(26 September 2003)

Mr. President,

I should like to start by extending our warmest congratulations on your election as President of the 58th General Assembly and our full support. I also wish to pay tribute to H.E. Mr. Jan Kavan as the President of the 57th Assembly.

Today, the memories of so many innocent people who lost their lives during the horrors of September 11 and many other victims of terror all over the world, including in my country, are still very fresh in our minds. We also mourn the painful loss of our UN colleagues. They were working at the service of the international community, to secure peace and to uphold human dignity in Baghdad. The loss of Sergio Vieira de Mello was particularly tragic for us, as his visit to Ankara two weeks before his tragic death unfortunately turned out to be his last.

Terrorism is a crime against humanity. We are dutybound to eradicate this evil from the face of earth. And soon…

We must also not forget that there are other major challenges that remain to be addressed: poverty, illiteracy, organized crime, narcotics, ecological disasters, epidemics like AIDS, refugees, illegal human trade, gender inequality, corruption, racism and xenophobia and others.

Mr. President,

In the new global security environment, there is a clear and pressing need to strengthen international organizations and institutions. The United Nations is at the top of the list. The many challenges that the world faces today underline the central role of the United Nations, as so ably highlighted by the Secretary General. The efforts to adapt this unique organization to the realities of today’s international life should resolutely be pursued. The world needs a more representative, effective and efficient United Nations.

In close cooperation with the UN, Turkey has accumulated over the years a vast experience in regional cooperation, peacekeeping and conflict prevention.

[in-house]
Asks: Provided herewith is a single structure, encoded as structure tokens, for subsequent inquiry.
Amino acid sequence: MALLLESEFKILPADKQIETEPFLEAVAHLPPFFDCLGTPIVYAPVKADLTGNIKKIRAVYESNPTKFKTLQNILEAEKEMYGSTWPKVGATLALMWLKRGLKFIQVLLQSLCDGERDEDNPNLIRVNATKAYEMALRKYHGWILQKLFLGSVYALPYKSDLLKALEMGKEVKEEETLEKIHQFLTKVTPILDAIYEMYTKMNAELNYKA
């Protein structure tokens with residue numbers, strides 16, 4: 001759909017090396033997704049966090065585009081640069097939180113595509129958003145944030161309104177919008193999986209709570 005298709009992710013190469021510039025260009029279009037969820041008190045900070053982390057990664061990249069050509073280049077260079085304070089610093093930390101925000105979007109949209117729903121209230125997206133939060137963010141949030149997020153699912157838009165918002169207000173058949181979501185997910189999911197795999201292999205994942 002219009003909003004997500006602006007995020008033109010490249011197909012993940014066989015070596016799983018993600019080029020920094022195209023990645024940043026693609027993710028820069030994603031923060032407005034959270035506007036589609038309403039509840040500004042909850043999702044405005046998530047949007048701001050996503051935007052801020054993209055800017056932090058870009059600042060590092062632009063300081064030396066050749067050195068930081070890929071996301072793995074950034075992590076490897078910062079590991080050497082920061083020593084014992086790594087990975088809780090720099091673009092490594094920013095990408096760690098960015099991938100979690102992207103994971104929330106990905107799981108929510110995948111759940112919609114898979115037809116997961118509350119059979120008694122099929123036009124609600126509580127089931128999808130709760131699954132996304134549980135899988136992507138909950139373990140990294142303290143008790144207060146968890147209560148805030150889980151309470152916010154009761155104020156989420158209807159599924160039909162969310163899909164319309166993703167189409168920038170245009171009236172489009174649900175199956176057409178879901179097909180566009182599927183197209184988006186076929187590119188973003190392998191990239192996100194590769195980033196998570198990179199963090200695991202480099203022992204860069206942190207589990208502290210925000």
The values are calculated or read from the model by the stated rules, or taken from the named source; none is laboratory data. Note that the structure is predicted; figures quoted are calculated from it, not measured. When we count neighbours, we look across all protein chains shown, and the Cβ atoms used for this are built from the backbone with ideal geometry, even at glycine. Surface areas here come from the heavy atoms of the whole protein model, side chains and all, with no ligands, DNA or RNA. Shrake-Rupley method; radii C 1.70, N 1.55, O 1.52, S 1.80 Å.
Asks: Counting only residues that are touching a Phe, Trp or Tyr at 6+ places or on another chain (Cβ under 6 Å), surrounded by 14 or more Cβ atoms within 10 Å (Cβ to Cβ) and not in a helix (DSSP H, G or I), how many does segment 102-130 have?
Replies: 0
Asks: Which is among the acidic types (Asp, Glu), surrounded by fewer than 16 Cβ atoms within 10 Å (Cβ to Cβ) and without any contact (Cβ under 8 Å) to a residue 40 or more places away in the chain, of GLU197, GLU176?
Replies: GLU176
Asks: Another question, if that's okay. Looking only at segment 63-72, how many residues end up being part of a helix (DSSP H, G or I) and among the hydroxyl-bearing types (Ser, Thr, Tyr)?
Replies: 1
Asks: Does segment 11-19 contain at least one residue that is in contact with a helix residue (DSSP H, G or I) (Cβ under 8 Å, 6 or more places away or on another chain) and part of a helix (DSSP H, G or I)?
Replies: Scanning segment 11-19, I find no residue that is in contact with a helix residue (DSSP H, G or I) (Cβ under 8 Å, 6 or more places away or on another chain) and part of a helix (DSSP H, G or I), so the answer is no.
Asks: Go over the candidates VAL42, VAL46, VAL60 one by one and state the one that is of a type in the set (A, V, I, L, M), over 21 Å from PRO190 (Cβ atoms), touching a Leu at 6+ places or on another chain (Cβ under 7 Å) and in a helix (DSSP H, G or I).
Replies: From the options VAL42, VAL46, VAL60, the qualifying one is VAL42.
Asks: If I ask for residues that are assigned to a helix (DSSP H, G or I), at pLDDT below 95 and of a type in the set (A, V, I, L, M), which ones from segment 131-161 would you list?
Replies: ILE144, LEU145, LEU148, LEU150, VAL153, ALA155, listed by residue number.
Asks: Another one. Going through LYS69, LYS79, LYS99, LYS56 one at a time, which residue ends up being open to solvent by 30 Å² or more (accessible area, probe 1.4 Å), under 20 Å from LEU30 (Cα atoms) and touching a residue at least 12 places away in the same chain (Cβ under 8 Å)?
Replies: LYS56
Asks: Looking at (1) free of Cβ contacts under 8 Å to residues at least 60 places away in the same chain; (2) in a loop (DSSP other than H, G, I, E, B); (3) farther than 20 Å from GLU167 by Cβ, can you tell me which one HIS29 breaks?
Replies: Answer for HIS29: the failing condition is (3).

We have also shown a strong will to solve our bilateral foreign policy problems. Today we have very good relations with some neighboring countries with which we experienced difficulties in the recent past. We are also doing our best to contribute to the solution of problems in the Middle East, the Balkans, and the Caucasus.

In order to promote harmony of civilizations, we convened a meeting between the European Union (EU) and the Organization of the Islamic Conference (OIC) countries, last year in Istanbul. Next year, both the NATO Summit and the OIC Ministerial Meeting will be held in this city.

My Government’s reforms at home reflect a sustained effort to promote democracy, human rights, rule of law, civil society, good governance, accountability and gender equality to the highest standards set by the United Nations and the European Union. The results show that national and spiritual values can be in perfect harmony with the contemporary standards of life. Integration with the world is not possible without bringing our values and traditions in harmony with modernity.

It is on the strength of this increasingly relevant Turkish experience, and the richness of our ties with the international community that Turkey has decided to present its candidature for a seat in the Security Council for the years 2009-2010.

Mr. President,

The situation in the Middle East will remain of crucial significance for the evolution of the international environment for some time to come. We do not believe that the Middle East is condemned to eternal strife and suffering. This is one cradle of civilization that has enjoyed peace and prosperity for centuries. That is why we believe that it is feasible today to transform the Middle East into a region of security, cooperation and prosperity.